Carolien Aikman’s “Prayers for School Days” June 5, 2009

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http://mamausedtosay.com/

Caribbean American Heritage Month Press Release June 2, 2009

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4th NATIONAL CARIBBEAN AMERICAN HERITAGE MONTH CELEBRATIONS PLANS UNDERWAY

This June 2009, marks the fourth national celebrations of June as Caribbean American Heritage Month and the first with a Democratic President. ICS and its affiliates and partners around the country have succeeded in setting a pace for the past three years commemorating National Celebrations of June as Caribbean American Heritage Month that sets the bar for this year’s celebrations.

Citing the need to continue building on the previous year’s, ICS as the architect and Chair of the National Campaign to commemorate JUNE as Caribbean American Heritage Month, has forged relationships with individuals and organizations around the country with a singular vision in mind, that is to set a standard for what Caribbean American Heritage Month must become.

Members of the National Commemorative Committee which includes community leaders from across America have been working feverishly to ensure a widened outreach. Increase efforts were made to engage new community leaders in centers of high concentration of Caribbean Americans. The purpose of the National Commemorative Committee is to put in place an organizing process that is able to withstand the rigors of national, language and racial and ethnic differences over time. Says, Dr. Nelson, “what we have is not perfect, but it is perfect for where we are now. We are a community in transition from the cocoon of near invisibility to staking our claim in American society and history. Given the awakening that took place in the 2008 election, I anticipate an increase in the number of events and an increase in participation of community organizations and leaders.

From Atlanta to Brooklyn to Orlando to Fort Lauderdale to Washington DC the first 4 days of June are filled with a series of activities that reflect the diversity of the region while celebrating the unity. From film festivals to carnivals to food festivals to the capstone National Caribbean American Legislative Conference in Washington DC, the month is shaping up to be a wave of opportunities to display Caribbean influence on American life.

The Caribbean diaspora in the US is estimated at around 5 million. Given this significant number and the current political/economic environment, and anti-immigrant climate, the efforts to establish a National Caribbean American Heritage Month which began in 1999, remain significant and critical in making visible the Caribbean American identity, developing the agenda and recognizing Caribbean Americans who contribute significantly to the American landscape.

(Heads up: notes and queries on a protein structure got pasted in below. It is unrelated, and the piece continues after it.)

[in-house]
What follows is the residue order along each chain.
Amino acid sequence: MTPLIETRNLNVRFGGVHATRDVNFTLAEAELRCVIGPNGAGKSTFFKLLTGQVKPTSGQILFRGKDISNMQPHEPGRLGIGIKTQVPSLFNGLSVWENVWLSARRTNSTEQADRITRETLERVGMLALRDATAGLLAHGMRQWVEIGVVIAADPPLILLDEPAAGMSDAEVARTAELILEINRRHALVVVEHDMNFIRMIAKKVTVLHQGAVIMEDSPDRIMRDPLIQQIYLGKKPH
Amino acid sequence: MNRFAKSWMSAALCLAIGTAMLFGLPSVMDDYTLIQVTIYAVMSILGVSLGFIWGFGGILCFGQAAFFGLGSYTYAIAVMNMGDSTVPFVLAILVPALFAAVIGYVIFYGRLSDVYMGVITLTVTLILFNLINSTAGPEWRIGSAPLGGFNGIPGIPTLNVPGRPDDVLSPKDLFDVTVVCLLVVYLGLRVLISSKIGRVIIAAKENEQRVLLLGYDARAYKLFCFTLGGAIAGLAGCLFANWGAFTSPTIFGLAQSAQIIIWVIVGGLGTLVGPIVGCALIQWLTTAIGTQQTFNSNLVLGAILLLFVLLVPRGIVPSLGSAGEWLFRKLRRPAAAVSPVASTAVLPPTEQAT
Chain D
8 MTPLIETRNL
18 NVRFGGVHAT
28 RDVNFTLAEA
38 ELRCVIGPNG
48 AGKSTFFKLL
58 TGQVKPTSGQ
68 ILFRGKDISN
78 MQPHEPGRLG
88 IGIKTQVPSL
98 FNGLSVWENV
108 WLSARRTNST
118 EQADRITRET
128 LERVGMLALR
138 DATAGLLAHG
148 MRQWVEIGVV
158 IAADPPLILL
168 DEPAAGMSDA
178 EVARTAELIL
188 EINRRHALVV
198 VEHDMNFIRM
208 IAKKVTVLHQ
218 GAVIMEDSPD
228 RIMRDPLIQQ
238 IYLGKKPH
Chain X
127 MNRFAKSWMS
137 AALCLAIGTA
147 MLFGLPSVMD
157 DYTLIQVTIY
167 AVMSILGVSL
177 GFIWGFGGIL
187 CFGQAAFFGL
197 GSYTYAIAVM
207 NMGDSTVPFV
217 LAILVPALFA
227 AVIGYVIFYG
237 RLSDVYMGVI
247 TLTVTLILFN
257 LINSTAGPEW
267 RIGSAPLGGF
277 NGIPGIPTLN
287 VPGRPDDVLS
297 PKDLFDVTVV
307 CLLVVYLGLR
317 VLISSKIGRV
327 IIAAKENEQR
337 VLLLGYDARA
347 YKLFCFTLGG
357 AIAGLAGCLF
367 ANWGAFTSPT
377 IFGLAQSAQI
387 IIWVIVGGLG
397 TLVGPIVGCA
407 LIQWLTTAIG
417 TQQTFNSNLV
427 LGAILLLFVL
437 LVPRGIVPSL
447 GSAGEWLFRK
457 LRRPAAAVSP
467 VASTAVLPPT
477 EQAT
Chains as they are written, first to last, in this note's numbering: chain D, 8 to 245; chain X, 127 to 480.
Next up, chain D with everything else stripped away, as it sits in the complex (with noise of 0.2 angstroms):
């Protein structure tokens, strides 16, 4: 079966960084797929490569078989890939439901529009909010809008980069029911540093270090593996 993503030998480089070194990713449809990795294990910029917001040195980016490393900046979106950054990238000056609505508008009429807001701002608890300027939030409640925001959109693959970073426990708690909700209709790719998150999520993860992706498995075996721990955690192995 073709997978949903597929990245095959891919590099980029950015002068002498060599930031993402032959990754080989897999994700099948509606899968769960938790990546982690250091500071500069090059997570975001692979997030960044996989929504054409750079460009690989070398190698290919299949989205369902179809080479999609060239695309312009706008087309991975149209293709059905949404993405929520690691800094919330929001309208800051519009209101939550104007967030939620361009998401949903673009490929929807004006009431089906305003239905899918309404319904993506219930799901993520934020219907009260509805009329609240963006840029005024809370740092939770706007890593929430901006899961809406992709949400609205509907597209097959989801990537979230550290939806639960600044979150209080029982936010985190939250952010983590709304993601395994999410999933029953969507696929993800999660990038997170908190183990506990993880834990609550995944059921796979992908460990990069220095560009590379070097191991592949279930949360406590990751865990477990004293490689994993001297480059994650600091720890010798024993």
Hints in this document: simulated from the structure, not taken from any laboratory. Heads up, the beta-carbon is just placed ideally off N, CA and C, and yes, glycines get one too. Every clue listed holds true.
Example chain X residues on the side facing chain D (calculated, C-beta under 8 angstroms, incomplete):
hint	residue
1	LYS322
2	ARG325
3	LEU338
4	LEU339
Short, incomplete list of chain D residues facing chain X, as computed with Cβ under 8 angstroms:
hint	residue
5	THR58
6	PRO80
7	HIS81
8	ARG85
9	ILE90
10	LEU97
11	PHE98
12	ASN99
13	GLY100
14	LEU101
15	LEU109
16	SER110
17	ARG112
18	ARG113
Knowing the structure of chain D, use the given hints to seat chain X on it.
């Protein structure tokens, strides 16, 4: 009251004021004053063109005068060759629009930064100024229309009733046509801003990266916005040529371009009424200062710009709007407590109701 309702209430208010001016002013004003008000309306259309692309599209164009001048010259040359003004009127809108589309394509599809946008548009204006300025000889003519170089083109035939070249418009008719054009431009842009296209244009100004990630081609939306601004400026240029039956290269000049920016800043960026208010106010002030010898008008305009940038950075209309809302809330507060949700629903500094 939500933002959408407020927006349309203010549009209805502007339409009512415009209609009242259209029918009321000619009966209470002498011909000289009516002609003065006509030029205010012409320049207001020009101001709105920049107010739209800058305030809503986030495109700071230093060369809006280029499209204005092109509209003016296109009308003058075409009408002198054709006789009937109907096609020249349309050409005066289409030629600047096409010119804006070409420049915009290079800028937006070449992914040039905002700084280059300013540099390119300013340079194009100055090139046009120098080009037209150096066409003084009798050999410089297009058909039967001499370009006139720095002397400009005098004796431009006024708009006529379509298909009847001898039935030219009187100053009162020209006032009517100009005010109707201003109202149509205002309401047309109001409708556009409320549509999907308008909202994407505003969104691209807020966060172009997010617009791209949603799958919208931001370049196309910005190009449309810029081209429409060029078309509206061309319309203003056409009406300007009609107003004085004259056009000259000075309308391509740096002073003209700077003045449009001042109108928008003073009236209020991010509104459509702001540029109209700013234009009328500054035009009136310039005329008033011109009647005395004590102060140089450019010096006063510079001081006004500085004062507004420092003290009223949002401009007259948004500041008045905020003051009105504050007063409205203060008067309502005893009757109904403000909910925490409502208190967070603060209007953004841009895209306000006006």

For more information about Caribbean American Heritage Month, and how you can get involved, visit http://www.caribbeanamericanmonth.org

May 27, 2009

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June 14 - 18, 2009

June 14 - 18, 2009

Tamarind Fest Sunday June 14, 2009 May 27, 2009

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National Museum of Women in the Arts
1250 New York Ave., NW Washington, DC 20005-3970
202-783-5000, 1-800-222-7270 www.nmwa.org
2 – 4 PM

Merle Collins Ph.D., University of Maryland/Honorary Chair of Tamarind Fest
Professor Lorna Goodison, University of Michigan
Presentation of Awards

The Paule Marshall Caribbean Writer Award

The Claude McKay Caribbean Writer Award

First, Second and Third Generation Women Writers of the Caribbean Diaspora Who Cross Literary Genres

Maya Angelou, Paule Marshall, Lorna Goodison and Merle Collins are a quartet of first, second, and third generation Caribbean Diaspora women whose writings traverse literary genres with ease. The courageous and unique Spirit of the Caribbean flows strong throughout their writing. Like delicate bones in one body they are separate, possessing strong individual form and function but together they embody the nurturer and warrior energy – creating safe haven for transformation. Like the physical and spiritual geography of the Caribbean their words are unconfined literary space. These women writers and their works are a paradox, informed by hurricanes, hot tropical sun, azure blue water and a thirst to unite and make peace offerings to their seasoning of Africa, Europe, The Middle East, Asia and whatever else the universe has planted within their Caribbean motherplace. These literary pilgrims, from very early in their career, have fully developed expression in various forms of literature. Theirs is not a succumbing to fickleness but the wisdom to acknowledge the difference in each day. Theirs is a profound expression of the Spirit of the Caribbean

AngelouMaya Angelou was born in St. Louis, Missouri. Her parents divorced when she was only three and she was sent with her brother to live with their grandmother in the small town of Stamps, Arkansas. In Stamps, the young girl experienced the profound effects of racial discrimination and brutality and used the experience to launch her career. Her connection to the Caribbean comes from her Trinidadian grandfather and a strong footprint in pre-civil rights Harlem. She became a member of the Harlem Writers Guild which had strong Caribbean representation in the 50s. She’s been moved by the writings of people of Caribbean descent like James Weldon Johnson and has rubbed shoulders with other Caribbean Diaspora figures like Paule Marshall, Rosa Guy, Louise Bennett, the renowned language revisionist of Jamaica, Stokely Carmicheal and Malcolm X among others. She has performed for presidents. Her extensive body of poetry and prose has been translated into several languages.